The old conceit that the president has a “bully pulpit” needs updating; it’s clear that the pulpit at St. Peter’s Basilica is now the bulliest of all. Pope Francis may lack legions, but he has 6.3 million followers on Twitter, and for a week now the world has been following leaks of his new encyclical on climate change and the environment.
Laudato Si’, finally released Thursday morning in Rome, is a remarkable 183-page document, incredibly rich—it’s not dense, but it is studded with aphorisms and insights. It will take time to fully digest it, but a few things are immediately evident.
First, simply by writing it, the pope—the single most prominent person on the planet, and of all celebrities and leaders the most skilled at using gesture to communicate—has managed to get across the crucial point: our environmental peril, and in particular, climate change, is the most pressing issue of our time. We face, he says, “desolation,” and we must turn as fast as we can away from coal, oil, and gas. Most thinking people knew this already, but since dealing with global warming would mean standing up to the most powerful forces in the status quo, most world leaders have never fully engaged the question. (President Obama, for instance, the earth’s most powerful politician, made it to the closing days of his 2012 reelection campaign without mentioning climate change—until Hurricane Sandy finally made it impossible not to.) It’s been a side issue, but no more: Francis has made it clear that nothing can be more important.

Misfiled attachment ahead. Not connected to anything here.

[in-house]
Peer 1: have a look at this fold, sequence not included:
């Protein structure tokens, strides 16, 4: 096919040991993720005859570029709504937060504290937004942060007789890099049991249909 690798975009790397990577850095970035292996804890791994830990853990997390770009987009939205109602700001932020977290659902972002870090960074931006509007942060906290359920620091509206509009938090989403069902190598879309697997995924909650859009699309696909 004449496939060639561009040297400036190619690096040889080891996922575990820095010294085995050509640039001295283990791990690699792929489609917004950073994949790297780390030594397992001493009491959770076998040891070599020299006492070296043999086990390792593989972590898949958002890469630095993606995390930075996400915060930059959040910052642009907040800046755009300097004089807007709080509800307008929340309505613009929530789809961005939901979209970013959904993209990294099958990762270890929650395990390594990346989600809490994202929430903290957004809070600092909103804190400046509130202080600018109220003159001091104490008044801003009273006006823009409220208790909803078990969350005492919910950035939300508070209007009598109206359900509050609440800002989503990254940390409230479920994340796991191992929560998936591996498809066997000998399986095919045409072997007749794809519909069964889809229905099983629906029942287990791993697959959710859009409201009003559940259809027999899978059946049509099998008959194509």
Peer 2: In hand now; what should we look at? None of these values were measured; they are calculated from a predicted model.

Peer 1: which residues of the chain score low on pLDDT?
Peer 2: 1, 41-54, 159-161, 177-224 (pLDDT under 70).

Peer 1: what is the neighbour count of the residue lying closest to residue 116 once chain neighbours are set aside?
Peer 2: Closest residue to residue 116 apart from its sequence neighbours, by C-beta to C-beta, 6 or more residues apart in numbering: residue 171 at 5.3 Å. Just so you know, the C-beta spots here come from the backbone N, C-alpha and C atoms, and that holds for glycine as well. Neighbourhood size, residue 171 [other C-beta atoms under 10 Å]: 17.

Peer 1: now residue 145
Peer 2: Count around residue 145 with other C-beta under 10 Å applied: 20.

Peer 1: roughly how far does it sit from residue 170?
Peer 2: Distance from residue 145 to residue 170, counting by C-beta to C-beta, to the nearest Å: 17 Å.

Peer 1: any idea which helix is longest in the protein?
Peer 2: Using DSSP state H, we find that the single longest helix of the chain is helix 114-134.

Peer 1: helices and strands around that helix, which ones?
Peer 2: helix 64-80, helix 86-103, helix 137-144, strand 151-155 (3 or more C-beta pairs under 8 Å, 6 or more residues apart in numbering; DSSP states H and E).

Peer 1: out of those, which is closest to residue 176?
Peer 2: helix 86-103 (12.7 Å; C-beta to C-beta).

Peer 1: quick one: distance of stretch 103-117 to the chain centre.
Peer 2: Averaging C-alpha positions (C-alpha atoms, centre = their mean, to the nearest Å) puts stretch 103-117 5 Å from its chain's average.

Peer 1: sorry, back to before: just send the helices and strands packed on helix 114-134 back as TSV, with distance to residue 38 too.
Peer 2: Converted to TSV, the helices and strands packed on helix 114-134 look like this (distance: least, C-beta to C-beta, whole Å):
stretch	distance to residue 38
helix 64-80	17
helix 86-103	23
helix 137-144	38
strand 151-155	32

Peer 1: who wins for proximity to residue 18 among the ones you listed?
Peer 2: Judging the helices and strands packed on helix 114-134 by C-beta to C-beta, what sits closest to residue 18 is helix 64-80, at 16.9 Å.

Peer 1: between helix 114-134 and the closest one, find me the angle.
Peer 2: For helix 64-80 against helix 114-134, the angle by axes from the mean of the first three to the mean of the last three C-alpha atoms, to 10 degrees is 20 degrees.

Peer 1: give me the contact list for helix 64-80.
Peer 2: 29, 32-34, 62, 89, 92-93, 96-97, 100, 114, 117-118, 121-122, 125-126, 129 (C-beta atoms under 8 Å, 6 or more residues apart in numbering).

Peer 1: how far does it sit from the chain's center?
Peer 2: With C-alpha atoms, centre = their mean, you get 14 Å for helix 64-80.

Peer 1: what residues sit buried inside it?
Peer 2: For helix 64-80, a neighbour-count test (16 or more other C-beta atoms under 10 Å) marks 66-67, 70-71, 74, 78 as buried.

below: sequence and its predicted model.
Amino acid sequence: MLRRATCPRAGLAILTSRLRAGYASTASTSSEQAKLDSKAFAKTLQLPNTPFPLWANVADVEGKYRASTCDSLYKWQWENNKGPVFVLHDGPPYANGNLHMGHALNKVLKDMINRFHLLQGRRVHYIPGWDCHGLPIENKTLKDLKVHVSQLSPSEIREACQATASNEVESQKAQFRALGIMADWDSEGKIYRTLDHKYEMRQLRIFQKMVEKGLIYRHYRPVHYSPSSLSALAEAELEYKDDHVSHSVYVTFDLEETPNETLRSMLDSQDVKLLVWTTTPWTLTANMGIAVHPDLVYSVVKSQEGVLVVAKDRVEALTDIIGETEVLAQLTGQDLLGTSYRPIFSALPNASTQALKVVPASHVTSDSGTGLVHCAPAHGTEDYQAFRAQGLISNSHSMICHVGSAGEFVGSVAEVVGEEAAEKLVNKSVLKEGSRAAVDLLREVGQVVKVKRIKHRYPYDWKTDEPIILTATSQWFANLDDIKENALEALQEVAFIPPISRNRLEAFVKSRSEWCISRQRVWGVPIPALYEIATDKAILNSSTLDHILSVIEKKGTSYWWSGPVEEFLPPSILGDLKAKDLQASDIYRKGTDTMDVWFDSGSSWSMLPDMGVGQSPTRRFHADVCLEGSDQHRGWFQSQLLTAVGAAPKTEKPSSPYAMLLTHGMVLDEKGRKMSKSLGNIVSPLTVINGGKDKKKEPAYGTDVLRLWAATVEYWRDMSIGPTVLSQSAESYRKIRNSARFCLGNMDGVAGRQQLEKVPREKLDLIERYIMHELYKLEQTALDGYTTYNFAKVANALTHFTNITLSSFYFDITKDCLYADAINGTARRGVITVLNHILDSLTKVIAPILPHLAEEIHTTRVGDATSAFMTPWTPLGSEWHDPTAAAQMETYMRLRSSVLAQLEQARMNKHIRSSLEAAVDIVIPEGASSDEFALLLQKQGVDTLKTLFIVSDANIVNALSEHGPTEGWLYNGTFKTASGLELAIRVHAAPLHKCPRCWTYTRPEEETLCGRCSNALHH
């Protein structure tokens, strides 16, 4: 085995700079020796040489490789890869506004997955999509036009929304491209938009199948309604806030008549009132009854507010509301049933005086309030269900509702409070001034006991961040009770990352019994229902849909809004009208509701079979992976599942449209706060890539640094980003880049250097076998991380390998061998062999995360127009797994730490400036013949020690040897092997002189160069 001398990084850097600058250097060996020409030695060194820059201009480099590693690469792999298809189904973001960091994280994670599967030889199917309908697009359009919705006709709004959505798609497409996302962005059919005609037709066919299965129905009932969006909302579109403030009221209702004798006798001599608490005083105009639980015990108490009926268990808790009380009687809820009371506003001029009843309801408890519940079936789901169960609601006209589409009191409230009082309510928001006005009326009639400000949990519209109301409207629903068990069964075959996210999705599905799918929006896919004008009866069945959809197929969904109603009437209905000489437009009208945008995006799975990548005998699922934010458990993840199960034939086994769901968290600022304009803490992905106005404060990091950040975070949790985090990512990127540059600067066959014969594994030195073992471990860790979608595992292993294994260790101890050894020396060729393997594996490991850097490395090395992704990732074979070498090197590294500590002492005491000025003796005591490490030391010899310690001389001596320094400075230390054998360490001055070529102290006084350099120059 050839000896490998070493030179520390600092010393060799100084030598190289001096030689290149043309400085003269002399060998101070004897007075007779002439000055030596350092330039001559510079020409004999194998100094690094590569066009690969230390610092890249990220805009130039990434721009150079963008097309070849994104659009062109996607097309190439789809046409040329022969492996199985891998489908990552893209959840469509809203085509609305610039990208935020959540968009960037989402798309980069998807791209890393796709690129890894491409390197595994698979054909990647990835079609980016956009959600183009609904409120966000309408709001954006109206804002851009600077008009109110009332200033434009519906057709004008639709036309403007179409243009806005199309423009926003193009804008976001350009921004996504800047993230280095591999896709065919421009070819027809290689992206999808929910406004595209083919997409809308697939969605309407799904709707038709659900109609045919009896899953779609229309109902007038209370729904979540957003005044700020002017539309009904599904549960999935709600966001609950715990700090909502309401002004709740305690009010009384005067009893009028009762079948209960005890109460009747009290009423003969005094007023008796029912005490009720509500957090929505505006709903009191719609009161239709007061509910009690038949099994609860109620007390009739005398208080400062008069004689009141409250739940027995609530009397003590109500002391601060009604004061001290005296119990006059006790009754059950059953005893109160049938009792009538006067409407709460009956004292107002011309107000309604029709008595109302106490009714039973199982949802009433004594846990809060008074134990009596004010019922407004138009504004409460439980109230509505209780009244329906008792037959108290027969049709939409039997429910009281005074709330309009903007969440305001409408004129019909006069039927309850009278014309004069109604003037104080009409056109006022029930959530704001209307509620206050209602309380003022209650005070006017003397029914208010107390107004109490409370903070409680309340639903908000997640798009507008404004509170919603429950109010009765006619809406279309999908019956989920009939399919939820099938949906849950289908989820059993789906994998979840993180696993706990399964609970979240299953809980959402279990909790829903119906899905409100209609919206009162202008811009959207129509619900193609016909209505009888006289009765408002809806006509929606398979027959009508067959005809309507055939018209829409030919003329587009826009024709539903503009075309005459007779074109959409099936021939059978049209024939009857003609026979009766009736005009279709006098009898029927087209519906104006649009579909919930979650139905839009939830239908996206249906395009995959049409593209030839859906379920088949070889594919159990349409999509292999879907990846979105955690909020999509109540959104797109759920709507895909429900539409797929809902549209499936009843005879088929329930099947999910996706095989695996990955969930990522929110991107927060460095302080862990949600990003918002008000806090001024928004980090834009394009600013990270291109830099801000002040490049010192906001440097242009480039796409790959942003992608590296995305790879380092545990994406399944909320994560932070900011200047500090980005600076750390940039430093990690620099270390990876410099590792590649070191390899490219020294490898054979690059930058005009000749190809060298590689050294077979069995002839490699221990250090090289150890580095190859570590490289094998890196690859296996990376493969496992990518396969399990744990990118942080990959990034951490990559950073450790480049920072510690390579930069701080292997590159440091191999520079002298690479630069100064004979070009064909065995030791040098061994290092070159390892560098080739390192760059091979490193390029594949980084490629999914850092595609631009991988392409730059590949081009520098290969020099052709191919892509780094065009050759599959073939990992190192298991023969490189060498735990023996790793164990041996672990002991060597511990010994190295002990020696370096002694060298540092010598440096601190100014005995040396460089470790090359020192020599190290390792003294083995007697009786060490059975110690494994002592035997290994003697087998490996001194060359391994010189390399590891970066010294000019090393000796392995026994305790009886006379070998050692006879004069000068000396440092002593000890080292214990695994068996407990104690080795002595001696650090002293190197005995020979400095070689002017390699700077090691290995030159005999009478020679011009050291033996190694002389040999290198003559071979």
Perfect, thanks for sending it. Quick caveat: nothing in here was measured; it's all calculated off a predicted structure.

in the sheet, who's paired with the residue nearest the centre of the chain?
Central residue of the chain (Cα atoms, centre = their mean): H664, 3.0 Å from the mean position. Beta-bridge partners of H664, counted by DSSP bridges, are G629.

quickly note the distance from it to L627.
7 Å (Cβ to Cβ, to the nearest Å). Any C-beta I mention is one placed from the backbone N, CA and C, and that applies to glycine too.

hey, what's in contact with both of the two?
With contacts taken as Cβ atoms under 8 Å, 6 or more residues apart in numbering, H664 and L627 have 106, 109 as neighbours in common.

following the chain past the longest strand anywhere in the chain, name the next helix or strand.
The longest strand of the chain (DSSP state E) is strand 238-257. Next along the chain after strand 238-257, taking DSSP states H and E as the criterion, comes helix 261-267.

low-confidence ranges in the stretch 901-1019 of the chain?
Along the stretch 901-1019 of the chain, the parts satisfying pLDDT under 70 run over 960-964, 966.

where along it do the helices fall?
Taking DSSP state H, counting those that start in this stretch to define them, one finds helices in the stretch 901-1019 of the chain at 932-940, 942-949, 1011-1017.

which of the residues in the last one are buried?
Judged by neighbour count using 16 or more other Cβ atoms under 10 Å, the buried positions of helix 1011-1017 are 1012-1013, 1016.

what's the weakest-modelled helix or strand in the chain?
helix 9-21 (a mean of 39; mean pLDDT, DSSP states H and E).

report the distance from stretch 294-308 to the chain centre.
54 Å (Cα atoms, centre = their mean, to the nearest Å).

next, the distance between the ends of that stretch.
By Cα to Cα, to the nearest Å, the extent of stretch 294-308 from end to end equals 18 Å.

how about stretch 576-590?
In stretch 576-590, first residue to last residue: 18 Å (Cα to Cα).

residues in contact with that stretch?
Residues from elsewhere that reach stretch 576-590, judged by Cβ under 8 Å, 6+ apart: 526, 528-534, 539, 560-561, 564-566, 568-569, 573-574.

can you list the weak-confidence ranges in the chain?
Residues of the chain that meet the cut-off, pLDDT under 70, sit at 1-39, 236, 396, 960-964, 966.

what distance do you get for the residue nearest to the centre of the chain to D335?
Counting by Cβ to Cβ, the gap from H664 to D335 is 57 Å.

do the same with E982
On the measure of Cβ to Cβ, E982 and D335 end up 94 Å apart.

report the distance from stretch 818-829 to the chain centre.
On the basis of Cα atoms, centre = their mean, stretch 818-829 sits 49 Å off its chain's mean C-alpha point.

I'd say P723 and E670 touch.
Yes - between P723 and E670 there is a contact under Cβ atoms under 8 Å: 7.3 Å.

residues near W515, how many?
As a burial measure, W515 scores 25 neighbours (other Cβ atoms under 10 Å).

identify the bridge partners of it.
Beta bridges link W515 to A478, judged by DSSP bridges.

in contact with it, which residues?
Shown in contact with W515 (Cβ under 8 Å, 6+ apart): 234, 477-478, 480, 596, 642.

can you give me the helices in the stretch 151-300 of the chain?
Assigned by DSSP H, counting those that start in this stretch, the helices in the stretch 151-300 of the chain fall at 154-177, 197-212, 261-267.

More, he’s brought the full weight of the spiritual order to bear on the global threat posed by climate change, and in so doing joined its power with the scientific order. Stephen Jay Gould had the idea that these two spheres were “non-overlapping magisteria,” but in this case he appears to have been wrong. Pope Francis draws heavily on science—sections of the encyclical are very nearly wonky, with accurate and sensible discussions of everything from genetic modification to aquifer depletion—but he goes beyond science as well. Science by itself has proven empirically impotent to force action on this greatest of crises; now, at last, someone with authority is explaining precisely why it matters that we’re overheating the planet.